• Several companies, such as Arion International, Inc. of Melbourne, Fla., produce and market video camera systems that mount under the barrel on an accessory rail of a semi-automatic handgun. Unfortunately, not all semi-automatic handguns include accessory rails underneath the barrel, so these products are only applicable to certain handguns. There are several disadvantages to mounting the camera in this location. First, the lens of the camera is located in relatively close proximity to the end of the barrel. Accordingly, the lens tends to become contaminated rather quickly by powder residues resulting from the firing of the handgun. Additionally, the camera moves the handgun's center of gravity forward throwing off the handgun's balance and making the weapon more difficult to accurately aim and fire. Finally, when one of these cameras is mounted on the accessory rail, a user cannot mount a laser sight or other accessory to the rail or to the front of the trigger guard.
  • For purposes of this disclosure, all of the prior art patent references disclosed in this section are hereby incorporated by reference in their entirety.
  • SUMMARY OF THE INVENTION
  • One embodiment of the present invention comprises a magazine of either a semi-automatic or automatic firearm in combination with a video camera wherein the video camera being mounted to the magazine.
  • Another embodiment of the present invention comprises a weapon system. The weapon system includes either an automatic or semi-automatic firearm; a magazine adapted for receipt into a handle of the firearm; and a video camera that is mounted to the magazine.
  • Yet another embodiment of the present invention also comprises a weapon system. The weapon system includes either an automatic or semi-automatic handgun and also includes a first accessory device. The handgun has a handle with a bottom side. The accessory device is either a laser sight, a video camera or a flashlight that is attached to the bottom side of the handle.
  • SUMMARY OF THE DRAWINGS
  • FIG. 1 is an isometric view of one embodiment of the present invention wherein the video camera and the video monitor are coupled via electrical cables.
  • FIG. 2 is an isometric view of another embodiment of the present invention wherein the video camera and a heads up video display are coupled wirelessly.
  • FIG. 3 is an exploded isometric view of a typical semi-automatic handgun ammunition magazine.
  • FIG. 4 is an exploded isometric view of a modified semi-automatic handgun ammunition magazine and an associated video camera according to one embodiment of the present invention.
  • DETAILED DESCRIPTION
  • Embodiments of the present invention comprise a video camera mounted to the magazine of a semi automatic or automatic handgun, and associated components for a firearm mounted video sighting system. In a typical preferred embodiment of the invention, a relatively small video camera is mounted to the bottom end of a cartridge magazine that is received into a cavity in the handle of an automatic or semi automatic handgun.
  • Embodiments of the present invention offer several significant advantages over prior art handgun and firearm mounted video cameras and video camera sighting systems. First, the video camera is easily attachable and removable from the handgun by simply changing out a standard magazine for a magazine having the video camera mounted thereto. Second, the camera is easily mounted on handguns not having an accessory rail. Further, because the lens of the video camera is located a substantial distance from the end of the gun's barrel, the risk of lens contamination is greatly reduced. Additionally, the area beneath the barrel and in front of the trigger guard remains open for use in mounting other types of accessories to the handgun, such as a laser sight or a flashlight. Finally, because the video camera is mounted underneath the grip of a handgun, the camera does not appreciably negatively affect the center of gravity or balance of the weapon, thereby making the weapon easier to aim and hold steady during discharge.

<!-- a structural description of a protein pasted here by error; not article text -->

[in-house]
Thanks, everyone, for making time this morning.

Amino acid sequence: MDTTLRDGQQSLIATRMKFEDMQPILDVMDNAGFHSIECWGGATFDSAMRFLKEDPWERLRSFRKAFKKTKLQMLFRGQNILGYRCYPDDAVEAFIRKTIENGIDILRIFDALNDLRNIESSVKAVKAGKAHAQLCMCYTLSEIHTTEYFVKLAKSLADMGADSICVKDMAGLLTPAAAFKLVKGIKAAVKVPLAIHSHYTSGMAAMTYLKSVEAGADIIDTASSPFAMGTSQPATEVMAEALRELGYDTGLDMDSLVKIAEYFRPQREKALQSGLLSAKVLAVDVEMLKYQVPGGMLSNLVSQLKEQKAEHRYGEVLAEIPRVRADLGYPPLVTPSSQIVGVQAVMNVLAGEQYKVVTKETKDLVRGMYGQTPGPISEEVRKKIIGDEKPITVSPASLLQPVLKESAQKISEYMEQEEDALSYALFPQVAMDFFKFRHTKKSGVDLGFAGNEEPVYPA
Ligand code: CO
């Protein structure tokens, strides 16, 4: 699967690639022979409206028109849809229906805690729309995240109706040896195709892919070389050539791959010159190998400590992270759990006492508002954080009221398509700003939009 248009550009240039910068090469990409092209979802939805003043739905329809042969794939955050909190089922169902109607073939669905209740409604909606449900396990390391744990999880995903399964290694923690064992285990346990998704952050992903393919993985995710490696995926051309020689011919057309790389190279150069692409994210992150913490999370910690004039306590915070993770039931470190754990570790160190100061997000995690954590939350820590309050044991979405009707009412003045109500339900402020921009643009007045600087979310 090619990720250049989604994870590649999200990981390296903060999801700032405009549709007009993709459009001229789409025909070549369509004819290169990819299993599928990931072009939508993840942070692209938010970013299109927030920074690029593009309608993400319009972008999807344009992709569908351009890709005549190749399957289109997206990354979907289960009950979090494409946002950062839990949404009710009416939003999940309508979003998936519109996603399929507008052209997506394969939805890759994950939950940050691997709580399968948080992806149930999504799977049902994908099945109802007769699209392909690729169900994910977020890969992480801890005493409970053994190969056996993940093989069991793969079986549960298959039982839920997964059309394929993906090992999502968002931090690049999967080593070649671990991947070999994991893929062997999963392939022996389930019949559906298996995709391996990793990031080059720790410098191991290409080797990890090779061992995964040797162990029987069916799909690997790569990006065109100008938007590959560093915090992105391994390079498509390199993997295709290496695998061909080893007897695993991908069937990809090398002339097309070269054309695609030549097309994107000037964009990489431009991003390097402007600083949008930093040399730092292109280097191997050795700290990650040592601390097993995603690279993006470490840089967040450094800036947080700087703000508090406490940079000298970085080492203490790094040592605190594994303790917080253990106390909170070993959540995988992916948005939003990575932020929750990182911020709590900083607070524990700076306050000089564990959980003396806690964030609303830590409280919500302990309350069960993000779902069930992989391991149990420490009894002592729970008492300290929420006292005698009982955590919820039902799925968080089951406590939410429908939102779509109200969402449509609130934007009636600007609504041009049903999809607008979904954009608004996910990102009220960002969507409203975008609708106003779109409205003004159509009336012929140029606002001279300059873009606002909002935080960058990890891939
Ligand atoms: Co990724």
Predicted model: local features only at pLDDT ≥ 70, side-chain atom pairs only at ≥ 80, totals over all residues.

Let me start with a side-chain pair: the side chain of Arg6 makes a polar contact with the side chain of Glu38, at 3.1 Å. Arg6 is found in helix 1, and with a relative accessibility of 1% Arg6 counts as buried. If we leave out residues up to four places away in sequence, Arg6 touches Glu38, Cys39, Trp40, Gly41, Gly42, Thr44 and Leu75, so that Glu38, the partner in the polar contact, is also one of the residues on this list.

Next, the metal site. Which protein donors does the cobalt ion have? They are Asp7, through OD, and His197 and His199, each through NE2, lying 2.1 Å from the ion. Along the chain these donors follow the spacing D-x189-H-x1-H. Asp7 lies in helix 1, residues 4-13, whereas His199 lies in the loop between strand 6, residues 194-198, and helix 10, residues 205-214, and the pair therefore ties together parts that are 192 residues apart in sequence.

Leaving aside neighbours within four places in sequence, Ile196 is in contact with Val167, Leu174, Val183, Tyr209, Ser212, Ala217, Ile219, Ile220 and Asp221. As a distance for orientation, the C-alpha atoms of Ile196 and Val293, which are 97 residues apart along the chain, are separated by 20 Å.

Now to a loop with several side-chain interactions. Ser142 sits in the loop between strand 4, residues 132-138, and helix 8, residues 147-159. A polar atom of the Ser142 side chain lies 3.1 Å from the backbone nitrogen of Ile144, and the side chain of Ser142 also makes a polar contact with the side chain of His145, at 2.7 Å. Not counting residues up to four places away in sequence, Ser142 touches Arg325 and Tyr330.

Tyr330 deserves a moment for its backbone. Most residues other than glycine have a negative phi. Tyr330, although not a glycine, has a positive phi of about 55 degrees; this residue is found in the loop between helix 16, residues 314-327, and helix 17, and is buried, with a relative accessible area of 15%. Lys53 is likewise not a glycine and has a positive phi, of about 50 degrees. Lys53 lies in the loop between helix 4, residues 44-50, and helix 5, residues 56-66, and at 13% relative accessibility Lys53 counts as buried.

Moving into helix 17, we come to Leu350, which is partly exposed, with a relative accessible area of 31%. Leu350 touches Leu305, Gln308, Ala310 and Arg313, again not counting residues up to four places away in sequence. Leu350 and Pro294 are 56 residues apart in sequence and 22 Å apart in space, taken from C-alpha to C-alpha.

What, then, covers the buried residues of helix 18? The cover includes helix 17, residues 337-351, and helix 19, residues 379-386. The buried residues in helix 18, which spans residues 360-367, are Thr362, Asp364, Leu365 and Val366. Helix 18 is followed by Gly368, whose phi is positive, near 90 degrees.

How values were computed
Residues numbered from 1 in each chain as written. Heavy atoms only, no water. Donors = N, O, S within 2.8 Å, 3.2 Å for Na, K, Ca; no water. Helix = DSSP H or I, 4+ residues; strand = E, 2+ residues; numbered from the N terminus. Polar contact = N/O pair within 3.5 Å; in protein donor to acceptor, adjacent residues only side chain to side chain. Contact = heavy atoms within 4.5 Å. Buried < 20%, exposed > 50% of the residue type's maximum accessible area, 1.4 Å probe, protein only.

• Numerous variations of the embodiments of the video camera and the video system are contemplated. For instance, certain variations include wireless transmitters and receivers such that the video display and the camera need not be physically connected. And in other variations, the monitor and the camera are connected via a transmission cable and an intervening battery pack and video controller. In one variation of the preferred embodiment, the monitor comprises an active-matrix TFT LCD screen, which can be worn by the user on his/her wrist. In another variation, a heads up video display may be integrated into a pair of goggles or glasses.
  • The advantages of the present invention and its various embodiments and the specific embodiments illustrated in described herein are not intended to be construed as limiting. Rather, numerous variations have been contemplated that read upon the appended claims and are intended to be within the scope of the invention.
  • Terminology
  • The term “or” as used in this specification and the appended claims is not meant to be exclusive rather the term is inclusive meaning “either or both”.
  • References in the specification to “one embodiment”, “an embodiment”, “a preferred embodiment”, “an alternative embodiment” and similar phrases means that a particular feature, structure, or characteristic described in connection with the embodiment is included in at least an embodiment of the invention. The appearances of the phrase “in one embodiment” in various places in the specification are not necessarily all referring to the same embodiment.